Finding the sound of each track was ultimately an intuitive process. Just trying to be open and receptive, searching for a feeling to align with each mantra or each discourse. Sometimes this feeling clicked quickly, and it was just a matter of building on or distilling it. Sometimes it would be the 5th or 6th completed version of a song where it finally carried the right emotional resonance. Where the feeling went deep enough.
The music is intrinsically a part of the journey we’ve been on bringing this into the world, and some of it needed to be revisited one more time to honour that. To make it the best it could be from where we are now as people and artists. As a result, some of this music is three or four years old, and some of it, less than a month or so old.
I’m not too worried about how people describe it. I think if you’re looking for broad genres, that’s a fine one. I was just trying to make something calming, heartfelt, and in support of His Holiness’ wishes for this work.
Gary – I guess the timing of its release in this time of great international stress is perfect. Is it something that anyone could put on and expect to have a calmative impact, or do you have to have knowledge of Buddhism and/or the specific mantras? Did you test the album’s effectiveness on real people?
Junelle – These mantras were chosen because of their practical benefits in everyday life, for everyone. This work is not for Buddhists, it is to help and support people of all walks of life. It is genuinely about benefiting all who listen to it, as much as possible.
The Dalai Lama even says in one of the tracks titled ‘Humanity’: ‘Our ultimate goal should be: bring peace to the world, compassion in the world, irrespective of whether believer or non-believer, religious-minded or not’.
In the track for ‘Children’ he tells them about being the future, and the responsibility they have for a more peaceful world.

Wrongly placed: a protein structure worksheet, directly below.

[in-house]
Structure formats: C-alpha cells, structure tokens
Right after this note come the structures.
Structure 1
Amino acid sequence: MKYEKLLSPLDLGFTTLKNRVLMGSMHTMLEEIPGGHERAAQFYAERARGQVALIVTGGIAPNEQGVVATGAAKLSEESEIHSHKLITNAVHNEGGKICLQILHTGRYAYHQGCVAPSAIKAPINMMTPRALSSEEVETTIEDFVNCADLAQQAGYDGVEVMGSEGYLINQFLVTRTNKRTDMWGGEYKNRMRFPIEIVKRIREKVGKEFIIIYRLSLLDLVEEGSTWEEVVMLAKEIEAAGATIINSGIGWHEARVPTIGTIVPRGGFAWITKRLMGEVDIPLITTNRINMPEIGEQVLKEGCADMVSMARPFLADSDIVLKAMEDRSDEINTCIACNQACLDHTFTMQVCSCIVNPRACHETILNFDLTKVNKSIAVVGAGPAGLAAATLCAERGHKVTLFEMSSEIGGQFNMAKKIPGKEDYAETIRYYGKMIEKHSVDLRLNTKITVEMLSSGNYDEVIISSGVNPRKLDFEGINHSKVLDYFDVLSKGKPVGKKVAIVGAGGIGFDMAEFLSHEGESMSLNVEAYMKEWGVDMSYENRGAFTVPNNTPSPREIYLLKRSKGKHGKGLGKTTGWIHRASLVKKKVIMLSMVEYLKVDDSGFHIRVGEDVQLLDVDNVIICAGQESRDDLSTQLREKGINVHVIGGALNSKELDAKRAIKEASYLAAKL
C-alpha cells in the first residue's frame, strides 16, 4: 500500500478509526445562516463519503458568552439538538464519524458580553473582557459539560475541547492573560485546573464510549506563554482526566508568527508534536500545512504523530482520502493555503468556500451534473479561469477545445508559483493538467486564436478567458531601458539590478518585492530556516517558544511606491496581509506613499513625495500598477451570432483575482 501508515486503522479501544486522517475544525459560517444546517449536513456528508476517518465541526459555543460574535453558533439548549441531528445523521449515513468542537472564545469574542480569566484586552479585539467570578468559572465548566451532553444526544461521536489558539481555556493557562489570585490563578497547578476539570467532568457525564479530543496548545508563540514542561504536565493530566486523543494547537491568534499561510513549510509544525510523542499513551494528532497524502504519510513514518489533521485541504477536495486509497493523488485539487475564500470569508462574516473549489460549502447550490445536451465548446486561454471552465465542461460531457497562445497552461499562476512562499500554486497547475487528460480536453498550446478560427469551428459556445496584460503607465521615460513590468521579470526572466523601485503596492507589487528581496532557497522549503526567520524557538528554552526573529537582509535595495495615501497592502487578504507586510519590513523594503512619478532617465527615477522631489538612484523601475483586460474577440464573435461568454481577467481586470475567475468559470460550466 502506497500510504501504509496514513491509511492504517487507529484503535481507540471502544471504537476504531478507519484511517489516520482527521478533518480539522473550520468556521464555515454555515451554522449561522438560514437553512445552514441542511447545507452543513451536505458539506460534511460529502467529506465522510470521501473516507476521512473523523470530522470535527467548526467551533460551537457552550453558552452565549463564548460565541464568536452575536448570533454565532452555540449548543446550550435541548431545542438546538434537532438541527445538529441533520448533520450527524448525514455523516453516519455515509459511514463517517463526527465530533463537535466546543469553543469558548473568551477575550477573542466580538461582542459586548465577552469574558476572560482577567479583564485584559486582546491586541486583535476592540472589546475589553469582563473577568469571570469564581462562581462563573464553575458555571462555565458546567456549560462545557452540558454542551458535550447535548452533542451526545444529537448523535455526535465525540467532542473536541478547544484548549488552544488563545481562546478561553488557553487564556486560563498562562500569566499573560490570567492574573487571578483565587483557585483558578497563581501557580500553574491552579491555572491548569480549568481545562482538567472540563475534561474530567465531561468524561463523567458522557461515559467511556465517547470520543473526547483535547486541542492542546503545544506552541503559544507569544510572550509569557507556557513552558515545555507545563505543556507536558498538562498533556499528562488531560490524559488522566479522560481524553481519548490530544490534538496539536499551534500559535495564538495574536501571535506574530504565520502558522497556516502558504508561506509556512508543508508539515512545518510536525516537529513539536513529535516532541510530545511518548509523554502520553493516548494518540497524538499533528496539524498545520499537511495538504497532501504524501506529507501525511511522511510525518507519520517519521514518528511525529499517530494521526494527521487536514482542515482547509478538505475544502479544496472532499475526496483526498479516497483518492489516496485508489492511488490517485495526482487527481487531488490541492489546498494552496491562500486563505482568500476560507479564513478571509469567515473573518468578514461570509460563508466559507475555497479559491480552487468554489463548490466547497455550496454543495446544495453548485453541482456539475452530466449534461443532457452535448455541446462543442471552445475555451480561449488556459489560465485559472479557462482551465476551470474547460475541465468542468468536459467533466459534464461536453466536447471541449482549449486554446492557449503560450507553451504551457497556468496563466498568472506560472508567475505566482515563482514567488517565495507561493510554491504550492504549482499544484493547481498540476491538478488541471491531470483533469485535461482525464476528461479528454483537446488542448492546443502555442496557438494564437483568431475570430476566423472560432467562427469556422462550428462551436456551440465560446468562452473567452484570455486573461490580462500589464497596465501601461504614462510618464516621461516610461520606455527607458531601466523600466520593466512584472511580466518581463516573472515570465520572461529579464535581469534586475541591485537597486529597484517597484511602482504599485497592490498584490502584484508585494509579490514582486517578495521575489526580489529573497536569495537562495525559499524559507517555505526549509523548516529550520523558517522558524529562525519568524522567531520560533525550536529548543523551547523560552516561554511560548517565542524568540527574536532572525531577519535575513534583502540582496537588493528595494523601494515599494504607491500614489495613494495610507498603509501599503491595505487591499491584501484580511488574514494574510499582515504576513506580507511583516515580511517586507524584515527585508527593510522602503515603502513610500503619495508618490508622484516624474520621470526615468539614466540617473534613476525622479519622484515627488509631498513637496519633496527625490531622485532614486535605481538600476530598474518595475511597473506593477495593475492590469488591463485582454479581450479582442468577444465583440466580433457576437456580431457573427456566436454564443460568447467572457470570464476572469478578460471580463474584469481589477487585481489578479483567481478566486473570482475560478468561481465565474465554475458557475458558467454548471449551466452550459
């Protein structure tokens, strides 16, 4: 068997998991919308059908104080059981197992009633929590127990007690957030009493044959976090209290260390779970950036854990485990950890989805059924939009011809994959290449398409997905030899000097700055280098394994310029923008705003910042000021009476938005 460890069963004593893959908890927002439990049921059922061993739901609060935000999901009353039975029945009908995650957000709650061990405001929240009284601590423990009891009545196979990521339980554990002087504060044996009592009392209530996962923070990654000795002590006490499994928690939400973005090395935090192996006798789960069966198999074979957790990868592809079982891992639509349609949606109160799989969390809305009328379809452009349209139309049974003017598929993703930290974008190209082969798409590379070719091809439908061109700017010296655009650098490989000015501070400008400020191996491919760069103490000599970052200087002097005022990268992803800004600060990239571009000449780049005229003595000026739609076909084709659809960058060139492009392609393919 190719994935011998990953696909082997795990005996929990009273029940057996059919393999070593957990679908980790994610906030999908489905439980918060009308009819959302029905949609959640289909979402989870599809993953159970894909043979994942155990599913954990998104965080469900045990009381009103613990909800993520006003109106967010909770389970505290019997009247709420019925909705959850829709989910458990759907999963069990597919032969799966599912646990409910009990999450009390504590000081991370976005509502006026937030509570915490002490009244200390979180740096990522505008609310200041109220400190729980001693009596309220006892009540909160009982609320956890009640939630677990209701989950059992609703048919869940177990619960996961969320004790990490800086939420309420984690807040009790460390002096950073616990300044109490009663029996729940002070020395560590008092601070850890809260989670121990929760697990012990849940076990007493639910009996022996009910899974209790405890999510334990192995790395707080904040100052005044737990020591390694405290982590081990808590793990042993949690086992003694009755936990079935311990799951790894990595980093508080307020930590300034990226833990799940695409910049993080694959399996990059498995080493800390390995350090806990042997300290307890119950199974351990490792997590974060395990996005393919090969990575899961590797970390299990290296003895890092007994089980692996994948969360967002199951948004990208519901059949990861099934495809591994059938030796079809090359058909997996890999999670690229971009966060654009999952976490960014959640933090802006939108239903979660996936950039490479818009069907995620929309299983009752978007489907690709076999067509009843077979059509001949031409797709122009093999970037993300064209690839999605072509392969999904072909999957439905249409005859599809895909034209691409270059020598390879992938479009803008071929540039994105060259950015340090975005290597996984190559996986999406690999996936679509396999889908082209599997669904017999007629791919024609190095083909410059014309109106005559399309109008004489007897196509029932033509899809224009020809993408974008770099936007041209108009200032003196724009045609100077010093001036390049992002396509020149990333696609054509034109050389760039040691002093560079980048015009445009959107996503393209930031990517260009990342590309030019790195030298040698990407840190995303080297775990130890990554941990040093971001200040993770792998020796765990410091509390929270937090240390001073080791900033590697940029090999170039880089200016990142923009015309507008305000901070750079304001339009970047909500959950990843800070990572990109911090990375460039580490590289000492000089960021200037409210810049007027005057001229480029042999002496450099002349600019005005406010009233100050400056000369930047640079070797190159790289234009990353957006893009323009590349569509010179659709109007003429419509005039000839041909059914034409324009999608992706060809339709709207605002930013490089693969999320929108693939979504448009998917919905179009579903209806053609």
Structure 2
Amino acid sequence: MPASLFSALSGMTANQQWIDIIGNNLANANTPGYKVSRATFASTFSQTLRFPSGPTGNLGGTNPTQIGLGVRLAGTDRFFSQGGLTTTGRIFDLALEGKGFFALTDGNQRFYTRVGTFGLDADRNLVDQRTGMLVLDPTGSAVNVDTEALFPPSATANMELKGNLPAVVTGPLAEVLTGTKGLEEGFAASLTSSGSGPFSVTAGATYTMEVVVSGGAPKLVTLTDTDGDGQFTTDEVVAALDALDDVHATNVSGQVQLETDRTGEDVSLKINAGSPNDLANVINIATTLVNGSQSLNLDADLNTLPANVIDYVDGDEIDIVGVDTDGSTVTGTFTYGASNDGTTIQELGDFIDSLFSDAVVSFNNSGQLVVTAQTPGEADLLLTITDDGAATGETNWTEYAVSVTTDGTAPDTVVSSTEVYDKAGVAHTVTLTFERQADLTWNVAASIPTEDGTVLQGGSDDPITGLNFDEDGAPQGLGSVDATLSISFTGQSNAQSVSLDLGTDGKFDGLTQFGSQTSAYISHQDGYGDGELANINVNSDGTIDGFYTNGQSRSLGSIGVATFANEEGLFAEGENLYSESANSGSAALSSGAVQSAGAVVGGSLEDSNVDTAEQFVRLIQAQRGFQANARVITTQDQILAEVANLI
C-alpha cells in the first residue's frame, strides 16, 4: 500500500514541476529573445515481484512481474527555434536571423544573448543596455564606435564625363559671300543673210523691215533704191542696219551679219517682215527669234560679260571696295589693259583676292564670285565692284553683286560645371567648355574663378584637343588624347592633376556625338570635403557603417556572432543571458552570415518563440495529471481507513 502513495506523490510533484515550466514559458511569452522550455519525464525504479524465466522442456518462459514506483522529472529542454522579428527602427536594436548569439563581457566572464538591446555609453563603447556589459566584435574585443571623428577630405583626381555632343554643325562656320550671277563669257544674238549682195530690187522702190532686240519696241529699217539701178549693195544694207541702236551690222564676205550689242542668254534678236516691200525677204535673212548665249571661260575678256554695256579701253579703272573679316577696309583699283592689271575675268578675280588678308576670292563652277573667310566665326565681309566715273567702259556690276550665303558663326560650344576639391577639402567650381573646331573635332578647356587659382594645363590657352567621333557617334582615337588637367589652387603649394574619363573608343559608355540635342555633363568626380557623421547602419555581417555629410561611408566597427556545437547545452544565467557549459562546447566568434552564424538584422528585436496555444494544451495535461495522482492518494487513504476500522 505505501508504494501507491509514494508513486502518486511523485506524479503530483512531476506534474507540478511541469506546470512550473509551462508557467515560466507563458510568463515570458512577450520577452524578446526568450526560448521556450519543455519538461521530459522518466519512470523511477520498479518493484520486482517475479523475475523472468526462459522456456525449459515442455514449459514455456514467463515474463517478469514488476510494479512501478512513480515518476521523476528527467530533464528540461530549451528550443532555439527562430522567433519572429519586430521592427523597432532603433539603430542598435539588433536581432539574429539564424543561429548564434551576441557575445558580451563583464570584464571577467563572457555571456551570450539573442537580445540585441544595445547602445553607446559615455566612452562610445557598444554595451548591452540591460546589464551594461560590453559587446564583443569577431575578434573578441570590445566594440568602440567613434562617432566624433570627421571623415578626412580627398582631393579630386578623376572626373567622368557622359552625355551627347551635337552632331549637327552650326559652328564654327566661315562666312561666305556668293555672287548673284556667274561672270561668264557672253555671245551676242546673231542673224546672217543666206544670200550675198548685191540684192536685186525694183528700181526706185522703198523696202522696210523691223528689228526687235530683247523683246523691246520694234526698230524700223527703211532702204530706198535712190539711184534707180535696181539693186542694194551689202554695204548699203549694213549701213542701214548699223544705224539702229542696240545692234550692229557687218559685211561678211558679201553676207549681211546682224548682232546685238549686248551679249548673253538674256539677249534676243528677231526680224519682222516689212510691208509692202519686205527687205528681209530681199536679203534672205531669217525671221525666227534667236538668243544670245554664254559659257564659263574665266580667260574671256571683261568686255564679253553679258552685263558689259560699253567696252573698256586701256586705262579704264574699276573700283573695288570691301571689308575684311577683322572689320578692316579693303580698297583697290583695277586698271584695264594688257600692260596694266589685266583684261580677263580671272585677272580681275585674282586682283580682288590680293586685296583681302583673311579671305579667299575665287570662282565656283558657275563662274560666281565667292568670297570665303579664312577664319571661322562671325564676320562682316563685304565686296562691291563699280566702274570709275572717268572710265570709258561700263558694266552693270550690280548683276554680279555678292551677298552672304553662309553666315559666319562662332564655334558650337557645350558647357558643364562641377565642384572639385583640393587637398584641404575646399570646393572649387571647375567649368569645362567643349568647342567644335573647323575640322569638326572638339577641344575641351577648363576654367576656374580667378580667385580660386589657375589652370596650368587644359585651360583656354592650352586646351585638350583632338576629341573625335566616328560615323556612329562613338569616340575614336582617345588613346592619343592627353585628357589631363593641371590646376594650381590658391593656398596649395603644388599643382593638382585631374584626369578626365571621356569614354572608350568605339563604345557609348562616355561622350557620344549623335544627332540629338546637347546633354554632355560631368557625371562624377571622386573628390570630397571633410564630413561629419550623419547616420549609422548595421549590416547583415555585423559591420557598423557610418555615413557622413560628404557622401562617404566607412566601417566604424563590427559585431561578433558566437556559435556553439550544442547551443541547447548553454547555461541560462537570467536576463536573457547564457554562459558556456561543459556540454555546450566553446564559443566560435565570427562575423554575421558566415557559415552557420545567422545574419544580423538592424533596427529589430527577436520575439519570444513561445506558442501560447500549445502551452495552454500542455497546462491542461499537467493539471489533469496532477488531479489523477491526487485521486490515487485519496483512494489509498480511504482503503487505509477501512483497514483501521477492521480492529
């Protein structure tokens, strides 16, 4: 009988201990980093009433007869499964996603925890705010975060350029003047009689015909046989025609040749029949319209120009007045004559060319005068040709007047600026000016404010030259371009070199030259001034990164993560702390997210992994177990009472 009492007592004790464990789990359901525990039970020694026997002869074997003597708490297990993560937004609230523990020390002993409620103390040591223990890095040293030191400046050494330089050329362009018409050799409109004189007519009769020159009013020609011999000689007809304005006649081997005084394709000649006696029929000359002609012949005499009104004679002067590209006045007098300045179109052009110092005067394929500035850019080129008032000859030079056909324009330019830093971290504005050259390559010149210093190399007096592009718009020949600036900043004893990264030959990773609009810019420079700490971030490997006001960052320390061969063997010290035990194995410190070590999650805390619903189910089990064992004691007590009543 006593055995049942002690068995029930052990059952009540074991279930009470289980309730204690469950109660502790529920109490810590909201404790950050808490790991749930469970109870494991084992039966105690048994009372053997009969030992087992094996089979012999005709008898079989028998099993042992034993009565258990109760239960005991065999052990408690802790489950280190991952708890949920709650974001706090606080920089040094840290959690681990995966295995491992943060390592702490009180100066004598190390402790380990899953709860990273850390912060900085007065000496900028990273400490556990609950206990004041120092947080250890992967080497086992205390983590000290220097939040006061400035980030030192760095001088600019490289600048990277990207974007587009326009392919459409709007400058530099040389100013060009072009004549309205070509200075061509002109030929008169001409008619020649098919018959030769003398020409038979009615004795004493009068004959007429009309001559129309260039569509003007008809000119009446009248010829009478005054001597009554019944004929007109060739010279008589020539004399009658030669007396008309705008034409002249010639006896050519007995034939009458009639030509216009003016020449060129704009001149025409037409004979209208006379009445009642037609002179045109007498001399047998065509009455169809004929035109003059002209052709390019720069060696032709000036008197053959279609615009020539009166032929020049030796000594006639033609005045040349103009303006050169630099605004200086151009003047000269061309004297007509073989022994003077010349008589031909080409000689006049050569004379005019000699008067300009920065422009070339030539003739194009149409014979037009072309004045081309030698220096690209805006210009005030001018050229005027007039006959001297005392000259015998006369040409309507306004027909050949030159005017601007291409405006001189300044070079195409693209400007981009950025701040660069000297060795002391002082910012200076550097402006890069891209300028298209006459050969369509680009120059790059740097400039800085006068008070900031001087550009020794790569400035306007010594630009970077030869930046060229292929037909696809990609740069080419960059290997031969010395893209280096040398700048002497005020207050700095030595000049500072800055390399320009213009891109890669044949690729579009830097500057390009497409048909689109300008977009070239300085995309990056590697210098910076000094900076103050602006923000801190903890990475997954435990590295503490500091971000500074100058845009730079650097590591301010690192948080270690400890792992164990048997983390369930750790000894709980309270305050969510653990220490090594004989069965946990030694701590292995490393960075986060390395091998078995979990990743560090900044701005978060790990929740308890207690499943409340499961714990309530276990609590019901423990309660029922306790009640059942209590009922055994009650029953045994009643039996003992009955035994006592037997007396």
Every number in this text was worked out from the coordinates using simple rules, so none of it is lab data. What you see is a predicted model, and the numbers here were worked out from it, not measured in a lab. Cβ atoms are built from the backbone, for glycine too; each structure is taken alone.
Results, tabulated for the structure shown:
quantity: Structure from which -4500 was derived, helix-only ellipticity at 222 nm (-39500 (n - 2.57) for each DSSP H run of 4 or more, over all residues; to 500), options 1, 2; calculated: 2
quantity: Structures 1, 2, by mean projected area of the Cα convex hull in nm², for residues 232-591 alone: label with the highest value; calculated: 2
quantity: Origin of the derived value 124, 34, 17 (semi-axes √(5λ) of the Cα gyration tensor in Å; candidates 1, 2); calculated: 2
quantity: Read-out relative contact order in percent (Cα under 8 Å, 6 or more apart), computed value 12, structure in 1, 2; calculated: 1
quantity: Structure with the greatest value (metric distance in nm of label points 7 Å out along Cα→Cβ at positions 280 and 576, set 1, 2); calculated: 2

Abraham – As alluded to, the whole purpose of this album is to make these blessings, these teachings as widely available as possible. Maybe most importantly for those who don’t have any mind-training or meditation practice, to create a place of peace and refuge for the listener regardless of background.
Yeah, there was quite a lot of road testing. Both on willing participants, and those just living with us while the music-making was happening. Tested on humans and animals actually!
To quote Ven. Robina Courtin: ‘Not only is reciting mantras powerful but merely hearing these holy sounds or seeing these holy syllables can bless and heal living beings and the environment.’
Gary – Abraham, you’ve already got an incredible musical CV (he’s worked with Teeks, Avantdale Bowling Club and many others). Would you call yourself a musical polymath? If you had to only work in one style of music, what would it be? Or would that be impossible? Aside from this project, what’s the most enjoyable thing you’ve worked on?
Abraham – That’s kind of you to say. I would call myself a musician. Due in part to our population, I think most musicians over here have a few strings to their bows. I don’t really know what to say with regard to style preferences. There are some which I love especially, but overall I gravitate to feeling over genre. Anything that speaks to what Bill Evans calls ‘the universal mind’. If the music, or medium to be coupled with music, makes me feel something, and if it’s something I can add positively to, then I want to be a part of it. Just like how certain ragas are meant to be played in the morning and others at night, there is different music right for different moments in our life.